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‘I’m seeking justice’: Tulsa massacre survivor, 107, testifies in US Congress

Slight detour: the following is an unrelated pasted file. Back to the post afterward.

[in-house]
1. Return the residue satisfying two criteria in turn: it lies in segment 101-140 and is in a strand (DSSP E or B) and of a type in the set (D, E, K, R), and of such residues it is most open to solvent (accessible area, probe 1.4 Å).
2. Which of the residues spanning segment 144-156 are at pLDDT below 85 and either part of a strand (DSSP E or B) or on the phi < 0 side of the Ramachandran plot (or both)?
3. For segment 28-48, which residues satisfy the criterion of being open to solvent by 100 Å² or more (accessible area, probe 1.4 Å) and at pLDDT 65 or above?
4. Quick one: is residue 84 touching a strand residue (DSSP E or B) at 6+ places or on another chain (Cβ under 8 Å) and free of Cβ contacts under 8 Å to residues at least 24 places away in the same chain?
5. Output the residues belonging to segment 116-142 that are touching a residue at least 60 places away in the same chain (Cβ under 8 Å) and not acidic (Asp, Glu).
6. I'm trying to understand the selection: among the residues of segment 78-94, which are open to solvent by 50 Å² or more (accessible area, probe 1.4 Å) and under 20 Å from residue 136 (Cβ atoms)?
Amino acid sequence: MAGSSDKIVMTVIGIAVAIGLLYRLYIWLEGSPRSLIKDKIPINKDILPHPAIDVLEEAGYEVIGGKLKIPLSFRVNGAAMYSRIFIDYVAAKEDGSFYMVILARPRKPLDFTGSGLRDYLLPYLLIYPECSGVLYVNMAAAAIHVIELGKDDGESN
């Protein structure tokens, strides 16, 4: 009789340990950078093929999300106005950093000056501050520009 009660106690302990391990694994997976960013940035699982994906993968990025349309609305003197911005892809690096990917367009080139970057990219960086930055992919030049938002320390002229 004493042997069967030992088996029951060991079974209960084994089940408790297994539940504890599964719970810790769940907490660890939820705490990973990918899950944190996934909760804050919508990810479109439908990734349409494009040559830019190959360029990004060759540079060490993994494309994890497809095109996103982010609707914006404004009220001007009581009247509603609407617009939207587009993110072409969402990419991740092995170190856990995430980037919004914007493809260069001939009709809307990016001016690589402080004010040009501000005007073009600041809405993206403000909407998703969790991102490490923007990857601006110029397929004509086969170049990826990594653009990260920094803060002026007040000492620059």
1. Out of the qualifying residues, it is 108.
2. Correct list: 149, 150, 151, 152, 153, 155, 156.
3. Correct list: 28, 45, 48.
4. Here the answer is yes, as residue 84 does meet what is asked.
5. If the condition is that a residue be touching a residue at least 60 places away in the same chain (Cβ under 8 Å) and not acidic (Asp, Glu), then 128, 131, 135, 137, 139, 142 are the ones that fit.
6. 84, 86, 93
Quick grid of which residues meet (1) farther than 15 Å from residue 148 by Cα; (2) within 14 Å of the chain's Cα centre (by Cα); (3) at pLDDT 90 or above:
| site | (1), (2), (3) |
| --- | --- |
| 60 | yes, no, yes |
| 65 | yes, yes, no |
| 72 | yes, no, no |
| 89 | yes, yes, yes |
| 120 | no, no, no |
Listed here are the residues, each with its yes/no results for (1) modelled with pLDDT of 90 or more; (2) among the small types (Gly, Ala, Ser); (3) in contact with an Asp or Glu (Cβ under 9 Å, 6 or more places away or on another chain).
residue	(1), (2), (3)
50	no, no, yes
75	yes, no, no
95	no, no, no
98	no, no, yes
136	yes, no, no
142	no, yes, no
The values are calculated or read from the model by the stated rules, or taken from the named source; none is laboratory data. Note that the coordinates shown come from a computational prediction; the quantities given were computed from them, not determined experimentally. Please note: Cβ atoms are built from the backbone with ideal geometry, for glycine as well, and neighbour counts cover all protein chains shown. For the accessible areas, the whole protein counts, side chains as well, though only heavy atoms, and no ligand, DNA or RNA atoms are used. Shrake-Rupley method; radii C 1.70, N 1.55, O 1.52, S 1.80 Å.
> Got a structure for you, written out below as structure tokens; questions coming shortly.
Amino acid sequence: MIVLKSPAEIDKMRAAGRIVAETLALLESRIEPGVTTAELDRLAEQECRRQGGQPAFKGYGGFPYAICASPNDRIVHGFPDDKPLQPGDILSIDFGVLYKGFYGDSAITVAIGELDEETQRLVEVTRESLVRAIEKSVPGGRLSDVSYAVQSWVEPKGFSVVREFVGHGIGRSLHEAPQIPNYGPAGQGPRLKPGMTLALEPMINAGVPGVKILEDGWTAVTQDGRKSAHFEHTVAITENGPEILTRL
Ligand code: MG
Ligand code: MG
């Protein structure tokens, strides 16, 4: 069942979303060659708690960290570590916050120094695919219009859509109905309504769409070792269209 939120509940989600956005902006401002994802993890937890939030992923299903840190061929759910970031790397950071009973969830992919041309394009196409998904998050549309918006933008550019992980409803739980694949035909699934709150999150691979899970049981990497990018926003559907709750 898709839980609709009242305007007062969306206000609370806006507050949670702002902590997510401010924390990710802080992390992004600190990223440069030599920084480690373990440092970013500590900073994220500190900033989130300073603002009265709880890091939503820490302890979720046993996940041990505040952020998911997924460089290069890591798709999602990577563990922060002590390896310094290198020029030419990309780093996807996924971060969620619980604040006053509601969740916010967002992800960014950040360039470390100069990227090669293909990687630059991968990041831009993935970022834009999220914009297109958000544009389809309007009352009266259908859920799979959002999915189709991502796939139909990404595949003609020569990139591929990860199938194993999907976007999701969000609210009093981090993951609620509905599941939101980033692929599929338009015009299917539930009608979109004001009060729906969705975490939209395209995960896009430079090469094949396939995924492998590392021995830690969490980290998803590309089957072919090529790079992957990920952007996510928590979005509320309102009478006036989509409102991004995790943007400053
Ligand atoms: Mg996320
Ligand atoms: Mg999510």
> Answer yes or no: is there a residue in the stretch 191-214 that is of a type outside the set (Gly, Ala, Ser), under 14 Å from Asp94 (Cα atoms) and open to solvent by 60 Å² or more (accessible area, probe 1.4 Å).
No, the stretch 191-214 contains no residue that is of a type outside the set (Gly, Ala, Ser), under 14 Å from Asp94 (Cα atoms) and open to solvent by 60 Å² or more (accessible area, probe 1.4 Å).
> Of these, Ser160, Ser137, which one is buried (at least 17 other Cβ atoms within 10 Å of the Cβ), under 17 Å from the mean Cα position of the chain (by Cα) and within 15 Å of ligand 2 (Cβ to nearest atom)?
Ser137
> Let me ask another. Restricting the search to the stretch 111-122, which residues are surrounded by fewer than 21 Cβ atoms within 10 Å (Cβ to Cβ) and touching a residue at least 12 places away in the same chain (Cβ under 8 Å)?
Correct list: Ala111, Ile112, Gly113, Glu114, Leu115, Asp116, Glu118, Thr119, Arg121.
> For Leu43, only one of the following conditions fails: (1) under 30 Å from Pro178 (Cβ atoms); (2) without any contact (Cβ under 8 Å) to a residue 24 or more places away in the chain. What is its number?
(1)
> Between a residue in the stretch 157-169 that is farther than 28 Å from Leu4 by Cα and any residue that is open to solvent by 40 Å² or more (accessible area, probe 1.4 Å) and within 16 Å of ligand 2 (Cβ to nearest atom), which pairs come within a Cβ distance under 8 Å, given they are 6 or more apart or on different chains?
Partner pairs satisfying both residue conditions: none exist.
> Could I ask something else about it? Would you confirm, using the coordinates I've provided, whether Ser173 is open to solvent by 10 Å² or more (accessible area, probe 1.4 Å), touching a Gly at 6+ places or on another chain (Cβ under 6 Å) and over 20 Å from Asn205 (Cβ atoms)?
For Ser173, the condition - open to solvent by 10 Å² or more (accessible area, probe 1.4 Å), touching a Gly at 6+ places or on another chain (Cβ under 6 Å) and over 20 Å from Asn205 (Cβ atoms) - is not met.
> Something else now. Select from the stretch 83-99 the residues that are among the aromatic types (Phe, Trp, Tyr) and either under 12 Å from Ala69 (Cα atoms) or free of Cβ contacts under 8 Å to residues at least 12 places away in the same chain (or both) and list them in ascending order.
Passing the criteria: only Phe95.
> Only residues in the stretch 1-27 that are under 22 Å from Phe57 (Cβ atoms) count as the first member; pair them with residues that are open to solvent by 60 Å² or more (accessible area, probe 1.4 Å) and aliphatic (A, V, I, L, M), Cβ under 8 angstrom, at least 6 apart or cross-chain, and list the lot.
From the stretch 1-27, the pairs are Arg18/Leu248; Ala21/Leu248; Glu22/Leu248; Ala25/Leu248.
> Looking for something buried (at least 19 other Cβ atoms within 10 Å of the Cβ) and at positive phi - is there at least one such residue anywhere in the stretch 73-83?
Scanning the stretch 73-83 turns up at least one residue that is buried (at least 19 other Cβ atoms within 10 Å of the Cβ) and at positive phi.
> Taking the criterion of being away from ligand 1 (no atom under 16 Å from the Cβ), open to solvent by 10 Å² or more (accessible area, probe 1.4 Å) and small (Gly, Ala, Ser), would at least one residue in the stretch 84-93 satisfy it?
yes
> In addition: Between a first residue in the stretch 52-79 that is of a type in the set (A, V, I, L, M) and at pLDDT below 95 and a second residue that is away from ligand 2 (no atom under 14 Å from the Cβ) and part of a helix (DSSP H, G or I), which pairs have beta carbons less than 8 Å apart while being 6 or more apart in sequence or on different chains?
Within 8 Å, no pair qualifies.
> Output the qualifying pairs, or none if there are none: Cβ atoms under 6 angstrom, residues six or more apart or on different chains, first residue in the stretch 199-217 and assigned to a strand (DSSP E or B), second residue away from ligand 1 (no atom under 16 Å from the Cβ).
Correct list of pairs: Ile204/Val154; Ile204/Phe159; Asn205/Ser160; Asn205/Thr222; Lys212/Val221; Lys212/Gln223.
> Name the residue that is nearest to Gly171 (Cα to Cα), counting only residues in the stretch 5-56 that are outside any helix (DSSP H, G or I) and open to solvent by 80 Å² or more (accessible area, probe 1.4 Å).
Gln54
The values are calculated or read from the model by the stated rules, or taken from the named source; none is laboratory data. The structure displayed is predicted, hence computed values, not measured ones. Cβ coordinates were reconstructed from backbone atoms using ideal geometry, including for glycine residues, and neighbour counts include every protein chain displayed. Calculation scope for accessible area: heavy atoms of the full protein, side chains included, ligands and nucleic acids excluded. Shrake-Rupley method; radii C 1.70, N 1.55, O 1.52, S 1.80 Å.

Viola Fletcher is the oldest survivor of the racist attack on the city’s “ Black Wall Street ” in 1921 that left as many as 300 dead on Hill in Washington DC. Photograph: Jim Watson / AFP / Getty Images For nearly a century, a culture of silence denied him a voice. Finally, at the age of 107, Viola Fletcher secured a national stage on Wednesday to bear witness to America’s deep history of racial violence. Fletcher is the oldest living survivor of a massacre that took place in Tulsa, Oklahoma, on May 31 and June 1, 1921, when a white mob attacked the city’s “Black Wall Street”, killing an estimated 300 Afro- Americans by robbing and burning more than 1,200 businesses, homes and churches. For decades, the atrocity has been actively covered up and desired. But Fletcher and his 100-year-old brother are asking for reparations and, ahead of the massacre’s centenary, appeared before a House judicial subcommittee considering remedies. Congressman Steve Cohen, chairman of the panel, acknowledged the coronavirus restrictions and said, âThose in the room, I would like to ask you to keep your face mask on at all times, unless you speak – or unless you’re over a hundred years old. Fletcher, born before World War I, said she was visiting Washington for the first time in her life. She had left the house at 6 a.m. on Tuesday and arrived at her hotel after midnight. Dressed in an aquamarine jacket, floral blouse, glasses and headphones, she regularly read a prepared statement. âI’m looking for justice here,â Fletcher said. “I am asking my country here to recognize what happened in Tulsa in 1921.” She recalled how the Greenwood neighborhood of Tulsa was once a thriving and affluent African American community where she could have lived out her own American dream. But that bright future was suddenly swept away. âThe night of the massacre, I was awakened by my family. My parents and my five siblings were there. I was told we had to leave and that was it. âI will never forget the violence of the white crowd when we left our house. I still see black men being shot, black bodies lying in the street. I still smell smoke and see fire. I still see black businesses burnt down. I still hear planes flying overhead. I hear the screams. I experienced the massacre every day. The audience was told that there had never been any direct compensation from the city or state for the survivors of the massacre or their descendants, and that the racial disparities, compounded by gentrification and l urbanism persist today in Tulsa – a microcosm of America. Hughes Van Ellis, left, Tulsa Race Massacre survivor and World War II veteran, and his sister Viola Fletcher testify in Congress. Photograph: Jim Watson / AFP / Getty Images Fletcher continued, âOur country can forget this story, but I can’t. I won’t and the other survivors won’t and our descendants won’t. When my family was forced to leave Tulsa, I lost my chance to study. I never finished school after the fourth grade. I never made a lot of money. âMy country, my state and my city took a lot from me. Despite this, I spent time supporting the war effort in the California shipyards. But most of my life I have been a domestic worker serving white families. I never made a lot of money. To this day, I can barely meet my daily needs. She also accused local authorities of taking advantage of her story. âAll the while, the city of Tulsa has unfairly used the names and stories of victims like me to enrich themselves and their white allies with the $ 30 million raised by the Tulsa Centennial Commission as I continue to live in poverty. Fletcher demanded that the country recognize his experience and give survivors a chance to seek justice. âI believe we need to recognize America’s sins,â she said. “It’s the least we can do.” At the end of his testimony, the committee members rose to give him a standing ovation. His brother, Hughes Van Ellis, a World War II veteran, then testified. He said, âYou may have been taught that when something is stolen from you, you can go to court to be healed. You can go to court for justice. This was not the case for us. Oklahoma courts haven’t heard from us. The federal courts have said we are too late. âWe were made to feel that our struggles were not worthy of justice. That we were less valued than whites, that we were not entirely American. We have been shown that in the United States not all men are equal before the law. We have been shown that when black voices cry out for justice, no one cares. A third survivor, Lessie Evelyn Benningfield Randle, 106, also testified virtually. She said: ‘It means a lot to me to finally be able to look you all in the eye and ask you to do the right thing. waited so long for justice.